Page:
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The truth about arguing in front of kids

Arguing in front of your kids can beget more than just a frown and a few questions. It might just change the course of their lives. Here, we explore the effects of arguing in front of children and how to avoid potential damage.

We’ve all experienced it – you’re arguing with your partner angrily, and then see your child staring at you wide-eyed in the doorway. So the question becomes, what effect does arguing have on your kids? We asked marital experts Dr. John W. Jacobs, M.D., author of All You Need Is Love and Other Lies About Marriage, and Dr. Carol Ummel Lindquist, Ph.D., author of Happily Married With Kids, who let us in on three key things to remember.

1. Your Style of Arguing Makes All the Difference

An occasional disagreement, call it a “heated negotiation”, during which you treat each other with respect and move into problem-solving, say therapists, is actually a good thing for kids. It’s considered a form of role modeling. But arguments in which you repeat the same points over and over, or call each other names, where you are venting resentments rather than solving problems, have no upside for the children. “If you bully one another, your kids learn to bully others,” Lindquist warns. “And they will turn that treatment right back on you once they are teenagers.”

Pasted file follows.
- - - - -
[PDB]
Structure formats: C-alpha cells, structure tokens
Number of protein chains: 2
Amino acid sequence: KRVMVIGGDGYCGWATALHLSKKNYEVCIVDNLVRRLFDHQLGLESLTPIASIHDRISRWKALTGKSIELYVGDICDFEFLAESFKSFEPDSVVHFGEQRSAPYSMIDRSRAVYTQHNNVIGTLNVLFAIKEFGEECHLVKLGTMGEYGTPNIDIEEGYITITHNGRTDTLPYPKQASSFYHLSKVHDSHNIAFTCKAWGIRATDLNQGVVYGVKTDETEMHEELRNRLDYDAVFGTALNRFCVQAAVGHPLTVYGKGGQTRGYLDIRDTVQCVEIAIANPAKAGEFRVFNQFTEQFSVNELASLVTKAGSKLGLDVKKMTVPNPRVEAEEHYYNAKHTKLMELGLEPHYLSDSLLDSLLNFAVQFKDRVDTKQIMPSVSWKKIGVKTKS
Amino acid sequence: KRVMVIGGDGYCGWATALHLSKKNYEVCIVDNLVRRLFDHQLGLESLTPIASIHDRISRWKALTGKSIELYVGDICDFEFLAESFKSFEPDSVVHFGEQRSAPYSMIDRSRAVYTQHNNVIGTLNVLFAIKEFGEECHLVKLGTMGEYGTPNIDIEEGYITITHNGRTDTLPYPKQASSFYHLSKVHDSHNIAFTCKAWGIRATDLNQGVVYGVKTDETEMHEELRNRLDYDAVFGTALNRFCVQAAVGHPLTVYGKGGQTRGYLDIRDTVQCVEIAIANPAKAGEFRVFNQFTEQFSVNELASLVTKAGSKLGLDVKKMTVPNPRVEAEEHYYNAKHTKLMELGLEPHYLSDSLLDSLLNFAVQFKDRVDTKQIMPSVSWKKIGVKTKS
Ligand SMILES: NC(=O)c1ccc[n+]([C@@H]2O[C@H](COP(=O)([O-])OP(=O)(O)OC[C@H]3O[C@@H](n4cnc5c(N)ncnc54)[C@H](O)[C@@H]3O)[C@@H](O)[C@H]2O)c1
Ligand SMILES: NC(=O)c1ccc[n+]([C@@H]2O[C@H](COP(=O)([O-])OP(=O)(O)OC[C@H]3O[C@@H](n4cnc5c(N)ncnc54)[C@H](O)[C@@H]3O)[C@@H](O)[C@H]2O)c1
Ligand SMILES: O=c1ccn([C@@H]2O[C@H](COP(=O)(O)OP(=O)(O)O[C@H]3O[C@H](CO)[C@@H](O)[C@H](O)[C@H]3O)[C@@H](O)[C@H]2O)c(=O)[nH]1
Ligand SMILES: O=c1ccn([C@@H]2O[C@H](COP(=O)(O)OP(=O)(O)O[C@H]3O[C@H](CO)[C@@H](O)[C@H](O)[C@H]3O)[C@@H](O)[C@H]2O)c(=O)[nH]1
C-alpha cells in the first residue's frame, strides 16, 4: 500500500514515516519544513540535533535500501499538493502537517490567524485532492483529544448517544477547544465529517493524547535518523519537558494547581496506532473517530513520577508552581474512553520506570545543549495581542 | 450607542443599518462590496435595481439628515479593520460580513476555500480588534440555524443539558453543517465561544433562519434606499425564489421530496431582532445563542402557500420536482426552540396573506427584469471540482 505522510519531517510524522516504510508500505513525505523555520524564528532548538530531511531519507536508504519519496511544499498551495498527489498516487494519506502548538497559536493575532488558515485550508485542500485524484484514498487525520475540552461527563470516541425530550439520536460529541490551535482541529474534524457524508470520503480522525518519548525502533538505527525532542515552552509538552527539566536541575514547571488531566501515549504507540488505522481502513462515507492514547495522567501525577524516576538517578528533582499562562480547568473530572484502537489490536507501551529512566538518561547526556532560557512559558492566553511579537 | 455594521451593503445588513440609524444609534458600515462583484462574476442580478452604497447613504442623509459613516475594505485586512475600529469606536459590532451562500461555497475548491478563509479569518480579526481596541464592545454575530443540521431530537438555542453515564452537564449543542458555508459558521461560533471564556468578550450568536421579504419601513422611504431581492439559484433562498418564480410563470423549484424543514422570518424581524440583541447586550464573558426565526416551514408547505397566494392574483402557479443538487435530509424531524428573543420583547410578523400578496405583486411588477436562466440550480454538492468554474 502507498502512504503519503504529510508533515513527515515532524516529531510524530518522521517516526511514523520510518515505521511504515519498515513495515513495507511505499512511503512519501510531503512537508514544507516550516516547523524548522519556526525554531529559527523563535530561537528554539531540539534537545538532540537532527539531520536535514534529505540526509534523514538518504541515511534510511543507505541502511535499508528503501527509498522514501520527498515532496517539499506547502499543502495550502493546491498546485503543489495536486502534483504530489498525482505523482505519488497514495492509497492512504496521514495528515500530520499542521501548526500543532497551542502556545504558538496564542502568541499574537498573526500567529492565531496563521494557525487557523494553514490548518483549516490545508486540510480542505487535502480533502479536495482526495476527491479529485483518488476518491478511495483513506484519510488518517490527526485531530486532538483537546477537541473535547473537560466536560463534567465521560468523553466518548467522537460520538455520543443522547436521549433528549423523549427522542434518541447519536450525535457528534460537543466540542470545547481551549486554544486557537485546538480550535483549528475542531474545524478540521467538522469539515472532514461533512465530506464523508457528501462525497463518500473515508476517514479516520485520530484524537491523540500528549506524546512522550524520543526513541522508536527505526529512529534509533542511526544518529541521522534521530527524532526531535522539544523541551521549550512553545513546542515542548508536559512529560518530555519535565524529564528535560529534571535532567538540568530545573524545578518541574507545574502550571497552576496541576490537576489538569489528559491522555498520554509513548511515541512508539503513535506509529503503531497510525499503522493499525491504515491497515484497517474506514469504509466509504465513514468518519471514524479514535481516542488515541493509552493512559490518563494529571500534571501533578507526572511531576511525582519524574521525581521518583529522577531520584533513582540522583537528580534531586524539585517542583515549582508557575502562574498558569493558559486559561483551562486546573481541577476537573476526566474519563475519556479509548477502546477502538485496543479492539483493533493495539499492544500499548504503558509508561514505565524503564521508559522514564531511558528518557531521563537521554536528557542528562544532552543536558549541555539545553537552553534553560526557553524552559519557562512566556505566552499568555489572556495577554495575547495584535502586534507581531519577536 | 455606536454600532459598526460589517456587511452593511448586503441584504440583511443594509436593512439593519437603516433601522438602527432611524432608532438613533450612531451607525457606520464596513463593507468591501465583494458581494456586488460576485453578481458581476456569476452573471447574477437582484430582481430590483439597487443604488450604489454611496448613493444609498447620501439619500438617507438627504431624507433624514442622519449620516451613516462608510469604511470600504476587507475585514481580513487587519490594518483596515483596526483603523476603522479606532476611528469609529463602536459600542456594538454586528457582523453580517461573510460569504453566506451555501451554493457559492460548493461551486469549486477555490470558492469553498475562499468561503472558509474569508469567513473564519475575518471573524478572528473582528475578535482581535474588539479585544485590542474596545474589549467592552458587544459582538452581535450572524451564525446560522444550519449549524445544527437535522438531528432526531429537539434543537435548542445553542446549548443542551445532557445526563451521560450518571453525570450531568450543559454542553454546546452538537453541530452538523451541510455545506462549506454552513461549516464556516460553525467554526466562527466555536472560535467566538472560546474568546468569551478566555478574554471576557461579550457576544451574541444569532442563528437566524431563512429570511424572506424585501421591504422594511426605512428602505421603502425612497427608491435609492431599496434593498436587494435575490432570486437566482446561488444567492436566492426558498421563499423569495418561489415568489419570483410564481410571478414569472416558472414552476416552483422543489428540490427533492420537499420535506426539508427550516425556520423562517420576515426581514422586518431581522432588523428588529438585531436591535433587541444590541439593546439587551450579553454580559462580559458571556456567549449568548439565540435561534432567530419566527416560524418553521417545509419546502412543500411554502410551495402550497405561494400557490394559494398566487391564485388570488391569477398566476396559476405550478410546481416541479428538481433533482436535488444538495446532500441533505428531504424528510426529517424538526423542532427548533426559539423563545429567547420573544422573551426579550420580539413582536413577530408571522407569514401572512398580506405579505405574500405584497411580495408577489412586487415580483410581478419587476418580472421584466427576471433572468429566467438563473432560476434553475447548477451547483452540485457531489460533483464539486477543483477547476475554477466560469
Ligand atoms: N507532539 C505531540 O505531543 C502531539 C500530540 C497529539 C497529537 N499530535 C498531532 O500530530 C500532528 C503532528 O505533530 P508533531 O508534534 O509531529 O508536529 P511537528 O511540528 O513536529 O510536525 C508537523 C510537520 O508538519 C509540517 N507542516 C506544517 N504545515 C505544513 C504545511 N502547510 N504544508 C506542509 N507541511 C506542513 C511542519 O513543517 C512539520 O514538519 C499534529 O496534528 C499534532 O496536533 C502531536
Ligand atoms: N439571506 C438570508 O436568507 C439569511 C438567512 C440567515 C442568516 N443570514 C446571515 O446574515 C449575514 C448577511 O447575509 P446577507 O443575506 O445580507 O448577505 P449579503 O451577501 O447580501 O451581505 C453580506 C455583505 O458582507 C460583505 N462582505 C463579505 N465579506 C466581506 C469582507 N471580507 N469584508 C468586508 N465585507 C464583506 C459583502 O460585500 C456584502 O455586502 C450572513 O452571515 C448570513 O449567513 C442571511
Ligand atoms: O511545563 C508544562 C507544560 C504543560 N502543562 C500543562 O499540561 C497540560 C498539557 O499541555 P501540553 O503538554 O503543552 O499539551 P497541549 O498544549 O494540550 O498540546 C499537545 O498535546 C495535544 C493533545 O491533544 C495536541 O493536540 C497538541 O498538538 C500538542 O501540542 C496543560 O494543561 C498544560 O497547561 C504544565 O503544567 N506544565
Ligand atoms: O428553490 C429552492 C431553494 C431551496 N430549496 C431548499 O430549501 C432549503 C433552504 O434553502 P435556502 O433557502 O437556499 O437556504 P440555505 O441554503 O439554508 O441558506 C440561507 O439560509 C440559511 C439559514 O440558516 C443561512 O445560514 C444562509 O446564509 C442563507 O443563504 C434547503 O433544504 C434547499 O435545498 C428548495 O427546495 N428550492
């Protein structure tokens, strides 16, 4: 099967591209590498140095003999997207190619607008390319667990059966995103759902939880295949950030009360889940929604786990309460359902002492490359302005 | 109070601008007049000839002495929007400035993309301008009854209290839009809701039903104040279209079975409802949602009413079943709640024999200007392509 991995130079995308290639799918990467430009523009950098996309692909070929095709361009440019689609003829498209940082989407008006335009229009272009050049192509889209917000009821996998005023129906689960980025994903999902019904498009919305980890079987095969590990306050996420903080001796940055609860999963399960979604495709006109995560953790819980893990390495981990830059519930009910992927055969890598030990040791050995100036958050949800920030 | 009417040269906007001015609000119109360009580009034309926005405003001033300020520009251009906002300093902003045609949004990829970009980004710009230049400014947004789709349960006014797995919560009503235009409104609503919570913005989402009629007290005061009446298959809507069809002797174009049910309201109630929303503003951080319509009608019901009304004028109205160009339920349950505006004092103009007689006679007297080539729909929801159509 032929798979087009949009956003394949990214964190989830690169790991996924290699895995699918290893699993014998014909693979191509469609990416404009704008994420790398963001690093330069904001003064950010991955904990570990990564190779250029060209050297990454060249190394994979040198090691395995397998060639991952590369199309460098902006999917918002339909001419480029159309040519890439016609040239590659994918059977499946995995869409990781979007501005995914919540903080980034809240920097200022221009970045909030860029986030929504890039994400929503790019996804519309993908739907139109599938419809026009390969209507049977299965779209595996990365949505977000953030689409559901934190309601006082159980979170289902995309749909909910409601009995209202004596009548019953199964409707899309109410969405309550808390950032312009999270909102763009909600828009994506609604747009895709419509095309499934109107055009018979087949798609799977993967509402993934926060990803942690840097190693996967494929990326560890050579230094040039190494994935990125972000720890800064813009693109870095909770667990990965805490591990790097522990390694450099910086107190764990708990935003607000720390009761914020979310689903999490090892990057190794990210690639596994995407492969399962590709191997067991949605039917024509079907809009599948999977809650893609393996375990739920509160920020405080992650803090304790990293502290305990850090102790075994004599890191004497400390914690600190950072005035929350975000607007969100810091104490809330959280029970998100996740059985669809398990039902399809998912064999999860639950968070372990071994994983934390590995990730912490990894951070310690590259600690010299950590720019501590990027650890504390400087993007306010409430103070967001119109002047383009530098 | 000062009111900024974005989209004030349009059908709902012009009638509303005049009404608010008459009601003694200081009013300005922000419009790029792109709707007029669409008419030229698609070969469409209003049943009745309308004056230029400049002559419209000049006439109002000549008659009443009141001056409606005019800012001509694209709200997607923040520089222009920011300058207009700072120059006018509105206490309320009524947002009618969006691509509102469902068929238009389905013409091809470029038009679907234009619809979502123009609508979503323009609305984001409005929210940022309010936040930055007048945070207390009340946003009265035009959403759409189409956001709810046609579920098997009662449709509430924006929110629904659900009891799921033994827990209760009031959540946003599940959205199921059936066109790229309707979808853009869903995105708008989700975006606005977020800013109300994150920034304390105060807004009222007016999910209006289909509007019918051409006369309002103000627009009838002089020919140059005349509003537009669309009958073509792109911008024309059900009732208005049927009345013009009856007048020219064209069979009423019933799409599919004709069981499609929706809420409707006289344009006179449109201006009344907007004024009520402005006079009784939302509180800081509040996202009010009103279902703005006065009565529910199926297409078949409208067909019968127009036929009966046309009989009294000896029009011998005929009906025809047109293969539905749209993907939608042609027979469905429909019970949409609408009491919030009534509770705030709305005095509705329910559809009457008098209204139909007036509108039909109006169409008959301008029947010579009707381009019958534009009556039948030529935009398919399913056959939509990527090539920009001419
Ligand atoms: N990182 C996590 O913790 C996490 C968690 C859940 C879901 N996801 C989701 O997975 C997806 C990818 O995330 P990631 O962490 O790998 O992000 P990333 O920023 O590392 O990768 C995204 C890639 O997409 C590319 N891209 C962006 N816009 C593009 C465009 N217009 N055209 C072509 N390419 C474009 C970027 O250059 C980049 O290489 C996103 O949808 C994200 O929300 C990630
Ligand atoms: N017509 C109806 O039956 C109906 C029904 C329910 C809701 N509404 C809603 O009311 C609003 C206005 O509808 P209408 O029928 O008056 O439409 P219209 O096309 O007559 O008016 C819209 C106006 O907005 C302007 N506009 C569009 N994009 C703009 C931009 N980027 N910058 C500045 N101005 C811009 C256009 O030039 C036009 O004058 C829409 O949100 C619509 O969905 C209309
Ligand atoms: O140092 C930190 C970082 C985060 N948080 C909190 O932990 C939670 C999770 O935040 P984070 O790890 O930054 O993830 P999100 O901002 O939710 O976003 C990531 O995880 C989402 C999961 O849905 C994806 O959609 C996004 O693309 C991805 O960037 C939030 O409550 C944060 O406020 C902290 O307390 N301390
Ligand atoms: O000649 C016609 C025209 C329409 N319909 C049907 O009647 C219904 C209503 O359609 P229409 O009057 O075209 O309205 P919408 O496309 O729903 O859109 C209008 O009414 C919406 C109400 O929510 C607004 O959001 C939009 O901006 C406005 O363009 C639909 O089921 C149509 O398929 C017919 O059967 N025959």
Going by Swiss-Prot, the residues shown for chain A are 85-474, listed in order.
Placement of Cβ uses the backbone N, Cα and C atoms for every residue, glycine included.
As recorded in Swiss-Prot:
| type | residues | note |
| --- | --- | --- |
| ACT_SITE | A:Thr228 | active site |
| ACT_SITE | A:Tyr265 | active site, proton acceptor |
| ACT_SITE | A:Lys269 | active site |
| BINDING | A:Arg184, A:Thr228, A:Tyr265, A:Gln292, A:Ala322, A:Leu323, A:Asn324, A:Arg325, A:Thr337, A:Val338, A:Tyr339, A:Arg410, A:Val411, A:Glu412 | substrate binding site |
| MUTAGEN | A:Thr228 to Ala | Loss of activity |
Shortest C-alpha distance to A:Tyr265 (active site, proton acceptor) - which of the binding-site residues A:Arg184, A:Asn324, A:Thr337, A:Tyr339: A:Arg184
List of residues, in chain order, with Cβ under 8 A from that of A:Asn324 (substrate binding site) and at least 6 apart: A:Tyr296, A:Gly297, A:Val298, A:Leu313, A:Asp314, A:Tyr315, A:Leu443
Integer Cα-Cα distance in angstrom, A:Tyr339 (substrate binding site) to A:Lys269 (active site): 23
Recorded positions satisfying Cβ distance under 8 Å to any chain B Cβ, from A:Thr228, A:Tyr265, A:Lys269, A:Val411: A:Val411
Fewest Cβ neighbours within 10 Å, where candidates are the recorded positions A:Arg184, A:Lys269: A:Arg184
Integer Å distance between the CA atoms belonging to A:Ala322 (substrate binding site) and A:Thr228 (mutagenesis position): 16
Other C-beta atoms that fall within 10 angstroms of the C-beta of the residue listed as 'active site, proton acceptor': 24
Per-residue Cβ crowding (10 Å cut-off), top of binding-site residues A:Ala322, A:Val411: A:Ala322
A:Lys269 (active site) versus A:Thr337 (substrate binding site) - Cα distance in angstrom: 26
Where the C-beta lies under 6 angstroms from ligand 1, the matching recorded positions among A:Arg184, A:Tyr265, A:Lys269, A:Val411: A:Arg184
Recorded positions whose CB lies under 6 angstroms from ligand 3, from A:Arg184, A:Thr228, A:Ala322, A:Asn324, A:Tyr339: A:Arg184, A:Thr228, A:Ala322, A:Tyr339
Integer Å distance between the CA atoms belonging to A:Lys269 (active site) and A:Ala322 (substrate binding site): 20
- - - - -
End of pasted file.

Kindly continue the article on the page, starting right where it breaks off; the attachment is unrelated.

2. It Could Affect Their Future Relationships

“Children start by being frightened by their parents arguing,” says Jacobs. “Later, they become disgusted. ‘How can they live like this?’ they wonder. Eventually, they develop a fear of being similarly trapped, and as adults may have the tendency to bail out of relationships early.” Jacobs says that while much is written about the damage caused by divorce, the damage is even worse for children whose parents stay in unhappy, bitter, explosive marriages.

3. You Can Minimize the Trauma


If kids witness a bad argument, don’t sweep it under the rug, says Lindquist, go ahead and apologize to them. Reassure them that you love each other. Mention specifically, in age-appropriate terms, how you would have liked to talk about the conflict. For example: “I’m sorry Daddy and I were arguing last night. We both feel bad when we say bad words. We can work things out better when we don’t interrupt each other and use soft voices.”

But you can only get away with this so many times, says Jacobs. After a while, the words ring false.

So in the moment when you find yourself getting carried away, call a time-out, he advises. Stop right there and agree to talk later. Then make a time to sit down and have a real discussion about what is bothering you — the bigger issues of your life and your marriage.

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